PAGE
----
Nineteen year old Alysha McDowell returned from an overseas holiday, she sat down with her parents and told them she wanted to be an organ donor.
"These aren't the sorts of things a 19 year old usually thinks about but she was a bit mature like that," her father Bruce McDowell said.
"Sometimes going overseas can prompt you to want to get things in order."
When she died in a car accident about a week later, McDowell said the family knew what she wanted.
McDowell said they found themselves part of the organ and tissue donation family.
"And it really is a family," McDowell said.
"When your child dies, it can be confronting. How do you speak to someone who has lost a child? The conversation ends up being full of cliches and stuff you hear all the time and to be honest, it doesn't help.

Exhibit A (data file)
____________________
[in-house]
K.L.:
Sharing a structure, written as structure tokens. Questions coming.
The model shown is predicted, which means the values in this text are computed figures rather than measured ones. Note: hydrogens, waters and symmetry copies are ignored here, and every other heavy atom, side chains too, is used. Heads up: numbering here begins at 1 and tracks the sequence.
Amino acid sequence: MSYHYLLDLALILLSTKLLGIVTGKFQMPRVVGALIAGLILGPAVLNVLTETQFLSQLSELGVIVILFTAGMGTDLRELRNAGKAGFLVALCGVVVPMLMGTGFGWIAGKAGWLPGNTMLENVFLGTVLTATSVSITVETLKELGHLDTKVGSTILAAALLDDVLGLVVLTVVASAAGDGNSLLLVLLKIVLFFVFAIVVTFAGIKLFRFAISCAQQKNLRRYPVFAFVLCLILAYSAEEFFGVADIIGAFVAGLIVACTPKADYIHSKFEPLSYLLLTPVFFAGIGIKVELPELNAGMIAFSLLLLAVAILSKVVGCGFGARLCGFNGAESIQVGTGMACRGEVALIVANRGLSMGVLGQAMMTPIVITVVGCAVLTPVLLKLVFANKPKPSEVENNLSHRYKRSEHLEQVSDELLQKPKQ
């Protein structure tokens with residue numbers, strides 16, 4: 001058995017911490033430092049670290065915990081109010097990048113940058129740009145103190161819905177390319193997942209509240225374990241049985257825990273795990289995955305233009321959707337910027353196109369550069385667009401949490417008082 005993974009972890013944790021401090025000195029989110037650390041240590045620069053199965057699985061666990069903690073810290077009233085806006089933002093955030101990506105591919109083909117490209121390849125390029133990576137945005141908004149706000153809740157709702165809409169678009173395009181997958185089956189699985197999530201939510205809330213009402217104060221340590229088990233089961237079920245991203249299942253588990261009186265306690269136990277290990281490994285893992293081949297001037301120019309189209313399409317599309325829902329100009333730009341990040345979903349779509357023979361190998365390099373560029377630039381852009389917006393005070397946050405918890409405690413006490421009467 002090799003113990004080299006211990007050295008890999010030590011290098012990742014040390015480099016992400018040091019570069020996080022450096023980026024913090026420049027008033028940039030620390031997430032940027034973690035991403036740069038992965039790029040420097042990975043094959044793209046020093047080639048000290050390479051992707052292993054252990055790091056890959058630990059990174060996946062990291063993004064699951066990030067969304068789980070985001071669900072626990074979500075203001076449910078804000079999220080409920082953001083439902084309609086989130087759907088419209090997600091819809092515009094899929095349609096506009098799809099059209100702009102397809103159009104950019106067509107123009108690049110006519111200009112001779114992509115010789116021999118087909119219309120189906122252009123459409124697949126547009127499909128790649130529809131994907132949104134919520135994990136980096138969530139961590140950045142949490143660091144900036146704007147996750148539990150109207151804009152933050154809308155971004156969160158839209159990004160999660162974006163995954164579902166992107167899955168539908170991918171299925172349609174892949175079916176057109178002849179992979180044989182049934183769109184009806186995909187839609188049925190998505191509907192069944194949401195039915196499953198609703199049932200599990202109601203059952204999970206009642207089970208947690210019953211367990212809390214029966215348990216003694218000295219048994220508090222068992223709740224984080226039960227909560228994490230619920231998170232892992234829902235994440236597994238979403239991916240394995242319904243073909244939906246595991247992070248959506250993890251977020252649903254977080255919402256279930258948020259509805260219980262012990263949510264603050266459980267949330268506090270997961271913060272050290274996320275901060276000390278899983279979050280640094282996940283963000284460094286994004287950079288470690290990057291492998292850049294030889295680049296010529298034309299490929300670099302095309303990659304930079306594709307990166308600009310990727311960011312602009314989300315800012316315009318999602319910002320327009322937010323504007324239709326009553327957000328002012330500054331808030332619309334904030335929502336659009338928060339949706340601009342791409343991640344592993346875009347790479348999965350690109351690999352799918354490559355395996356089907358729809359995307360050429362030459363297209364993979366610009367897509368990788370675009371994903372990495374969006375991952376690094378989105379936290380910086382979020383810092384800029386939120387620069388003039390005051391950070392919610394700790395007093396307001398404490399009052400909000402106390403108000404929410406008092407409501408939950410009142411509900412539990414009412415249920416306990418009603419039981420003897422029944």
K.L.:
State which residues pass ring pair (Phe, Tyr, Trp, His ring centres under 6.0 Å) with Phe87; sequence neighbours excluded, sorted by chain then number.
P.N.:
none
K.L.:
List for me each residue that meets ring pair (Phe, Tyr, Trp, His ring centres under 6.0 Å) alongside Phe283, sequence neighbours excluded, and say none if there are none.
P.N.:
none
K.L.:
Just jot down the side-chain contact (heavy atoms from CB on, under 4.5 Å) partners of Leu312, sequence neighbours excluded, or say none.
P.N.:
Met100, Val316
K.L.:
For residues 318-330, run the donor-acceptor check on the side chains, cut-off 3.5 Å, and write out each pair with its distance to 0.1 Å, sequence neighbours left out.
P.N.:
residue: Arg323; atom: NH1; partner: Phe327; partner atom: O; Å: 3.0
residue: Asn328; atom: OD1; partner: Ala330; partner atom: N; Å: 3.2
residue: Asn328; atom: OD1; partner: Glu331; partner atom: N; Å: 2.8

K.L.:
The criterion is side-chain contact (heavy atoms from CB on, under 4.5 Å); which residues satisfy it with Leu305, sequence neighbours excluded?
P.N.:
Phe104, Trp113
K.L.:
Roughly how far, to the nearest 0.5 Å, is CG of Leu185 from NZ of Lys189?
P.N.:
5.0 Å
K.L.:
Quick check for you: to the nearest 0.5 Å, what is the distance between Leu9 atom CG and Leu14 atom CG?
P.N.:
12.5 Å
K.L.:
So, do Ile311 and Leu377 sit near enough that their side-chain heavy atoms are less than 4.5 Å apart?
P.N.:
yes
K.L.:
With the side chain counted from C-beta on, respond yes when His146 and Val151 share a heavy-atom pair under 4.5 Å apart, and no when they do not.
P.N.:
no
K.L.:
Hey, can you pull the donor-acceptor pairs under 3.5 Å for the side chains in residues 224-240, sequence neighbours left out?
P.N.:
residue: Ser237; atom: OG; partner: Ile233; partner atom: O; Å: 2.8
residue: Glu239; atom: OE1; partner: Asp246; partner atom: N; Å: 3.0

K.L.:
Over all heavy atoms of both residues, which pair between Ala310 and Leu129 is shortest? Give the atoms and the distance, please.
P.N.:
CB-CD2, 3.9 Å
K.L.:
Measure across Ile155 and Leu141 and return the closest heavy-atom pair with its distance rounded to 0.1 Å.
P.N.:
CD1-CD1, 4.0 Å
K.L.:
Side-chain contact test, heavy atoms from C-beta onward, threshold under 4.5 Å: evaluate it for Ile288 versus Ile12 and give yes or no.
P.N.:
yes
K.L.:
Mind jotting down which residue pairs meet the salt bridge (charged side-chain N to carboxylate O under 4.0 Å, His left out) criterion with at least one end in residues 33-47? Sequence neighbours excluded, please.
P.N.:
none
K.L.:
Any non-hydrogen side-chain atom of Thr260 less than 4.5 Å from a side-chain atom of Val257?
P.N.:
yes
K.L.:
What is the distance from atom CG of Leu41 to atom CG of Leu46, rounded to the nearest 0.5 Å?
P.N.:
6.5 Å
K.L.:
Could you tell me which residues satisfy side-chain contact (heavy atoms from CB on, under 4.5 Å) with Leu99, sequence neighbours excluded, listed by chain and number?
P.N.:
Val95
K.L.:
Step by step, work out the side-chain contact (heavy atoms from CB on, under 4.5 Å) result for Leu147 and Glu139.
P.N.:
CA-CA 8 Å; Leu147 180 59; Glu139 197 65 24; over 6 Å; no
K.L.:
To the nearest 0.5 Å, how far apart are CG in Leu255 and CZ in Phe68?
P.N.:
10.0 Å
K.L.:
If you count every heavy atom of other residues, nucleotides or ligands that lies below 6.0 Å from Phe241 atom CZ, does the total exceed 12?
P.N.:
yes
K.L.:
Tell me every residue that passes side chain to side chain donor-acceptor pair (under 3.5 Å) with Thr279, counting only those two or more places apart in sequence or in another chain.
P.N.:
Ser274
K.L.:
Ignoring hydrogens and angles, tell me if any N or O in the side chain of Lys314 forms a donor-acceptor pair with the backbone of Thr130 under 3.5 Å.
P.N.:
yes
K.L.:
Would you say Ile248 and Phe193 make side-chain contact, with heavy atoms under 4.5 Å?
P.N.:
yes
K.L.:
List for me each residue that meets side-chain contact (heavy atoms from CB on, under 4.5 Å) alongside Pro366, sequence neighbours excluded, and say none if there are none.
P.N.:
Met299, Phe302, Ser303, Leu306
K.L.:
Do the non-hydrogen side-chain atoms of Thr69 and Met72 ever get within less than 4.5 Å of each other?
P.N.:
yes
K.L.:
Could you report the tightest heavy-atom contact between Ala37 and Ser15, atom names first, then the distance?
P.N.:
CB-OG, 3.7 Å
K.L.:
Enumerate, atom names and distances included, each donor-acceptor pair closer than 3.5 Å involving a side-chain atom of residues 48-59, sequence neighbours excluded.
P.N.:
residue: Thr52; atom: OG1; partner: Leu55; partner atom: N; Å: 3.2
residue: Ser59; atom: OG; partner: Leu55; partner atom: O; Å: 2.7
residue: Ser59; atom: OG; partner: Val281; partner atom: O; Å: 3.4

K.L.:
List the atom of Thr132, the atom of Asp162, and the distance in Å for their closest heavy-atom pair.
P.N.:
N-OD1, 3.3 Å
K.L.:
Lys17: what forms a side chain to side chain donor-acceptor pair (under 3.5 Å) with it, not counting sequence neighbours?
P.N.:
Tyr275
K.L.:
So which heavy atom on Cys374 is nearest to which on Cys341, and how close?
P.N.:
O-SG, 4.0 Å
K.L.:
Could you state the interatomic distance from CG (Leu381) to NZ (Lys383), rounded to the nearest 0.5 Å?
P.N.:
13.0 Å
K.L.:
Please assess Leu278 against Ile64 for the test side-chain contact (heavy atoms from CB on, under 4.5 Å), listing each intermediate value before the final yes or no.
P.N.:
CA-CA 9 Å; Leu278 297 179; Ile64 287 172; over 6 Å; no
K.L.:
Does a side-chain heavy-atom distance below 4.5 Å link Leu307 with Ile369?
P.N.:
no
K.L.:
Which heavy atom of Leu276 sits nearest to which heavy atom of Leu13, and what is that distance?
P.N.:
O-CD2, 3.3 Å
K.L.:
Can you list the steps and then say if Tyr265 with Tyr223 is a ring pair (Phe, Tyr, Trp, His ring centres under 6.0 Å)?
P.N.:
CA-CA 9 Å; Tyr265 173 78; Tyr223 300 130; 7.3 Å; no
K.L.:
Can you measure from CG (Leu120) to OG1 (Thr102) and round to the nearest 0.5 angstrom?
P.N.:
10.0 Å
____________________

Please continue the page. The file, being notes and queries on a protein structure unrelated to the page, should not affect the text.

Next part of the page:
"When you speak to another person who lost a child or a loved one, it's a very powerful thing. It's so much easier knowings exactly what you’re talking about.
"On the other side is the experience of receiving an organor tissue -- that in itself is a very special experience for some."
McDowell is now chair of charity Donor Families Australia and this Sunday will be the first national DonateLife Thank You Day, when the community can show their gratitude to organ and tissue donors and their family.
"The fact that Alysha was an organ donor didn't make the grief any less intense, but it certainly made us proud as a family. This is her legacy. She was a wonderful daughter for 19 years and now this is her legacy -- to improve people's lives.
On Sunday, say thank you using the #DonateLifeThankYouDay hashtag or register as an organ and tissue donor on the Australian Organ Donor Register.Suggest a correction